Medtech POV Blog

Women’s Health Month: Closing Gaps in Breast Cancer Screening

This Women’s Health Month, AdvaMed is highlighting new developments in breast cancer screening. 

The U.S. Preventive Services Task Force (Task Force) released new draft recommendations that women get screened for breast cancer every other year, starting at age 40. Previously, the Task Force recommended women in their 40s decide whether to get a mammogram on an individual basis, related to their health history and preference.  

The change came after “new and more inclusive science” indicated screening at an earlier age could result in 19 percent more lives being saved. 

While the prospect of saving lives is good news, tempering the cause for celebration is the disparate impact of breast cancer on Black women.  

As the Task Force stated, “Black women are 40 percent more likely to die of breast cancer than White women and too often get deadly cancers at younger ages. The Task Force recognizes this inequity and is calling for more research to understand the underlying causes and what can be done to eliminate this health disparity.”   

AdvaMed, representing the companies that make breast cancer screening and treatment technology, endorses the call to action to understand the causes of these pronounced disparities and to work to end them.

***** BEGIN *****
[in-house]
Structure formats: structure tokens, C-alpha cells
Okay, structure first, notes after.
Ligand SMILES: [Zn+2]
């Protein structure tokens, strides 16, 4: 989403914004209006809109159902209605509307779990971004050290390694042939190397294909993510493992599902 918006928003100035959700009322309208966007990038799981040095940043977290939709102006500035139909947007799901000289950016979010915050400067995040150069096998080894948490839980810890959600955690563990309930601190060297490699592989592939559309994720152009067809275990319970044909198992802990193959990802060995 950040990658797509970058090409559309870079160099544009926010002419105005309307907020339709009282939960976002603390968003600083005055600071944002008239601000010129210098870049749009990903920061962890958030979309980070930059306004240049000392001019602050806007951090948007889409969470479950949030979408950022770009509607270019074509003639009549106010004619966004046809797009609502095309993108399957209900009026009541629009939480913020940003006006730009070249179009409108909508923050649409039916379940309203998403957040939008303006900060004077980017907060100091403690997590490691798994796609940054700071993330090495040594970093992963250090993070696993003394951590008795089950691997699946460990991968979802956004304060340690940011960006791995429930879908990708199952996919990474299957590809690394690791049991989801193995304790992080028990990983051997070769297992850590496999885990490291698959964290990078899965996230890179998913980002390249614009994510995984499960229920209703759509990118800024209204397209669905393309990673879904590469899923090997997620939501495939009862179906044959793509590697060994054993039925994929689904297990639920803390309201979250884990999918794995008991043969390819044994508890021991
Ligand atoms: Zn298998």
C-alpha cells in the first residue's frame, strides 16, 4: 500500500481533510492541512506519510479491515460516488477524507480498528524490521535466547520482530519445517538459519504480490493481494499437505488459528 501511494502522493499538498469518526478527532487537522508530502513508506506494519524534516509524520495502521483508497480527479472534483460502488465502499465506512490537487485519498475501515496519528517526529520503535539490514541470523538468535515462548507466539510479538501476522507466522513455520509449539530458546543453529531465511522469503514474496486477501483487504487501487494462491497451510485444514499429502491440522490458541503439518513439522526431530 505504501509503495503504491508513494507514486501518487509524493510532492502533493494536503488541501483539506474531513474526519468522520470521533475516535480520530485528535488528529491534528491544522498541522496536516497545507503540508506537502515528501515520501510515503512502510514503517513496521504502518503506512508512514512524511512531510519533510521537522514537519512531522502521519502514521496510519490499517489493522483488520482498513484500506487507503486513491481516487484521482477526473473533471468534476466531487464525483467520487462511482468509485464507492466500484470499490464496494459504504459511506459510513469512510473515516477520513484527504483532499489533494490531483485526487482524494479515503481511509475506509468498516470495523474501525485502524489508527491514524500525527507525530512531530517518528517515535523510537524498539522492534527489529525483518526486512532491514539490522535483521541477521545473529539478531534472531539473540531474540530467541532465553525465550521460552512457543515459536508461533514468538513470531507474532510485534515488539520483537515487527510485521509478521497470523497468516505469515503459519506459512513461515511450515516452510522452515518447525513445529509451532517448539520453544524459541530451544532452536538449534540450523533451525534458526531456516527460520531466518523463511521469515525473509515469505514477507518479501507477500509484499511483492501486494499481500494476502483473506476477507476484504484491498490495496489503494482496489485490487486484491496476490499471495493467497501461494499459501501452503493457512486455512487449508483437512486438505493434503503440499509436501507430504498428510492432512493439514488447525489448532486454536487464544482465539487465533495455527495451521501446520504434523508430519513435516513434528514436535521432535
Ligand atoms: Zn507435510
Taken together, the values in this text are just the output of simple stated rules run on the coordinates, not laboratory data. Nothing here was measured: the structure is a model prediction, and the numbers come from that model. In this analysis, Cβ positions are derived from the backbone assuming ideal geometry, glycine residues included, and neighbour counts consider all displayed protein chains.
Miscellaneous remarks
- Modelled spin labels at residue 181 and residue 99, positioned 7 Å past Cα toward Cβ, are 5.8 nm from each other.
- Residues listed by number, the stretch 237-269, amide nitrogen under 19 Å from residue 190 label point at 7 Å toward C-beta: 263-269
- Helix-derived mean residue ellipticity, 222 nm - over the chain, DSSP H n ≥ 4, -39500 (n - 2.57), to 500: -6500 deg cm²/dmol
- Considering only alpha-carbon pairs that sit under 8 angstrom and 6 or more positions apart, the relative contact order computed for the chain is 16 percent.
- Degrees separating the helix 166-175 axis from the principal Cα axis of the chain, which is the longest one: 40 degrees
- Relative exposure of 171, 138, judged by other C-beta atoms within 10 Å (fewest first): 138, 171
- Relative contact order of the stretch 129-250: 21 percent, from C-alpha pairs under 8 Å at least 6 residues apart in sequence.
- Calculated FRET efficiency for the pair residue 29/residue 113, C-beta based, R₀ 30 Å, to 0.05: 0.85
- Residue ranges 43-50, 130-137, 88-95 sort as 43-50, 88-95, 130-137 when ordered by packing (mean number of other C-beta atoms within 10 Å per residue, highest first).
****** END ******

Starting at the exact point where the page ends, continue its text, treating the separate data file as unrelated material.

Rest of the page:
AdvaMed adopted four Principles on Health Equity to guide our work on easing health disparities:  

Research equity requires more diversity in clinical trials. The lack of racial and ethnic diversity in clinical trials is well-documented. Fortunately, an increasing number of companies recognize the need for change and are casting a wider net in recruiting participants. More diverse clinical trials will also help AdvaMed member companies fulfill our principle of ensuring all patients have access to innovative medical technology. The trial results will inform how to close the gaps in access to mammograms, other screening modalities, and follow-up care at appropriate ages and intervals for Black, Hispanic, Asian, Native American, and Alaska Native women.  

Diverse clinical trial participants inform the understanding of how medical technology will perform across a larger percentage of the affected patient population. The results inform medtech development and shape screening guidelines, such as those from the Task Force. The Task Force is taking public comment on its draft recommendations through June 6. Stakeholders are already weighing in. 

For example, the Alliance for Women’s Health & Prevention expressed disappointment “that the draft guidelines do not include annual screenings or a recommendation for women with dense breasts.”  Breast density is a strong risk factor for breast cancer, and Black women tend to have denser breast tissue than White women. A recent study suggests interpretation of breast density changes over time could help inform risks and diagnoses. 

Comments and developments like these are important. They contribute to the robust, well-informed debate critical to developing and acting on more representative patient screening guidelines.  The dialogue must continue, and it will. Every woman deserves access to the screening necessary for the timely detection and diagnosis of breast cancer that are key to saving lives.